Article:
Saturday, July 8, 2017

Whose Service Is Perfect Freedom: Some Thoughts on Matthew 11.16-19, 25-30 (RCL Proper 14A, 9 July 2017)

Whose Service Is Perfect Freedom
Some Thoughts on Matthew 11.16-19, 25-30

RCL Proper 14A
9 July 2017

Saint Faith’s Anglican Church

Matthew 11.16-19, 25-30

11.16 [Jesus said to the crowd,] “But to what will I compare this generation?  It is like children sitting in the marketplaces and calling to one another,

                  17 ‘We played the flute for you, and you did not dance; we wailed, and you did not mourn.’

18 For John came neither eating nor drinking, and they say, ‘He has a demon’; 19 the Son of Man came eating and drinking, and they say, ‘Look, a glutton and a drunkard, a friend of tax collectors and sinners!’  Yet wisdom is vindicated by her deeds.”

                  25 At that time Jesus said, “I thank you, Father, Lord of heaven and earth, because you have hidden these things from the wise and the intelligent and have revealed them to infants; 26 yes, Father, for such was your gracious will.  27 All things have been handed over to me by my Father; and no one knows the Son except the Father, and no one knows the Father except the Son and anyone to whom the Son chooses to reveal him.

                  28 “Come to me, all you that are weary and are carrying heavy burdens, and I will give you rest.  29 Take my yoke upon you, and learn from me; for I am gentle and humble in heart, and you will find rest for your souls.  30 For my yoke is easy, and my burden is light.”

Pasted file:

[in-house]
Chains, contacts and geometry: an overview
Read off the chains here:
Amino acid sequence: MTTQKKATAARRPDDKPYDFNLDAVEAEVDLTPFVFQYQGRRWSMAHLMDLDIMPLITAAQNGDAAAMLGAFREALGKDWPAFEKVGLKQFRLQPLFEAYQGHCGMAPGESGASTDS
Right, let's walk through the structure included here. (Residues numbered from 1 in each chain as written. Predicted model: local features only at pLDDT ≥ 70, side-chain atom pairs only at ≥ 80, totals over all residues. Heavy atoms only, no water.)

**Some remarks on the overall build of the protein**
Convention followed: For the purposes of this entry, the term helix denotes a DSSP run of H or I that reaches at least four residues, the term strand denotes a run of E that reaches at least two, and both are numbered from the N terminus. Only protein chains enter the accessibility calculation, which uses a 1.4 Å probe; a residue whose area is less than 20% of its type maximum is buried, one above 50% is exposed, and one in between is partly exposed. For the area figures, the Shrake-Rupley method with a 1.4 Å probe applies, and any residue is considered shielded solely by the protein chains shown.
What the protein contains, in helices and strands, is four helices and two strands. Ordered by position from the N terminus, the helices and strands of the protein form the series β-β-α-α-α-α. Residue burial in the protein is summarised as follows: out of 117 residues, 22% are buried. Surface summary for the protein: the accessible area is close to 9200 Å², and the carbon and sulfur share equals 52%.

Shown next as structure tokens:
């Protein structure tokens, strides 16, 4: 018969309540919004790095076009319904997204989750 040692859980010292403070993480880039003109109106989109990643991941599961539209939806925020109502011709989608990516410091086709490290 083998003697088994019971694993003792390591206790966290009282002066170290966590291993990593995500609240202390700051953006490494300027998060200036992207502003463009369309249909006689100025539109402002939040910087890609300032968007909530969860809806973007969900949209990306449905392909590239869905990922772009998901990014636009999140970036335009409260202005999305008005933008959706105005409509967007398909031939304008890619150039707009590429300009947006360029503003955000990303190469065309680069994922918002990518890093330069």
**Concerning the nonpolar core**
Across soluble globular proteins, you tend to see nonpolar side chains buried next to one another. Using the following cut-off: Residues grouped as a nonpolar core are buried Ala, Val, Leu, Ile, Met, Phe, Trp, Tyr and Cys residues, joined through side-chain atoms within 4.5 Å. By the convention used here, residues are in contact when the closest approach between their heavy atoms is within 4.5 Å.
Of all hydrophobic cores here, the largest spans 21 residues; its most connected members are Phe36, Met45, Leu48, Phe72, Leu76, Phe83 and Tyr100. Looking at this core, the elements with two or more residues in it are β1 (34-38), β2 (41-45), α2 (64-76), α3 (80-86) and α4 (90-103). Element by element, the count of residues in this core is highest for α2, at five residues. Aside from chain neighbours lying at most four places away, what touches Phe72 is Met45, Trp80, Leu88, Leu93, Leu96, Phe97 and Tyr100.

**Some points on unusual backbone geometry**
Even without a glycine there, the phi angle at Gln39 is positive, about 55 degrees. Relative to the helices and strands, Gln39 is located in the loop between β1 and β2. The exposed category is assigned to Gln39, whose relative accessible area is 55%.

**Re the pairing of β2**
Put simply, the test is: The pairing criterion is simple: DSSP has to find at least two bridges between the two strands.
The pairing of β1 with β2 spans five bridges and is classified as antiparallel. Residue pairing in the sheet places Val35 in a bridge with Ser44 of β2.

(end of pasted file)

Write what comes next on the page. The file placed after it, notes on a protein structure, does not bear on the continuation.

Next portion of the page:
When I was growing up in the Episcopal Church in the United States, it was common to alternate between Morning Prayer and the Eucharist on Sundays.  In my home parish of Saint Michael the Archangel, we had Morning Prayer on the first and third Sundays of the month, Eucharist on the second and fourth.  If there was a fifth Sunday, we had a service called ‘Ante-Communion’ where we followed the eucharistic service up to the point when the priest would have had to stop the service if he were the only person present for the service.

            Among the prayers I remember hearing every other Sunday in Morning Prayer was the Collect for Peace.

O God, who are the author of peace and lover of concord, in knowledge of whom standeth our eternal life, whose service is perfect freedom:  Defend us thy humble servants in all assaults of our enemies; that we, surely trusting in thy defence, may not fear the power of any adversaries; through the might of Jesus Christ our Lord.  Amen.

Even as I hear the prayer now, I know that I have always pondered a particular phrase:  ‘whose service is perfect freedom’.

            When you and I hear the word ‘service’, the idea of ‘freedom’ does not immediately spring to mind.  We tend, I think, to consider ‘service’ as something that is done under the direction of a particular person or as the consequence of particular set of rules or obligations.  ‘Service’ is not about ‘freedom’; there is a subtle sense of coercion.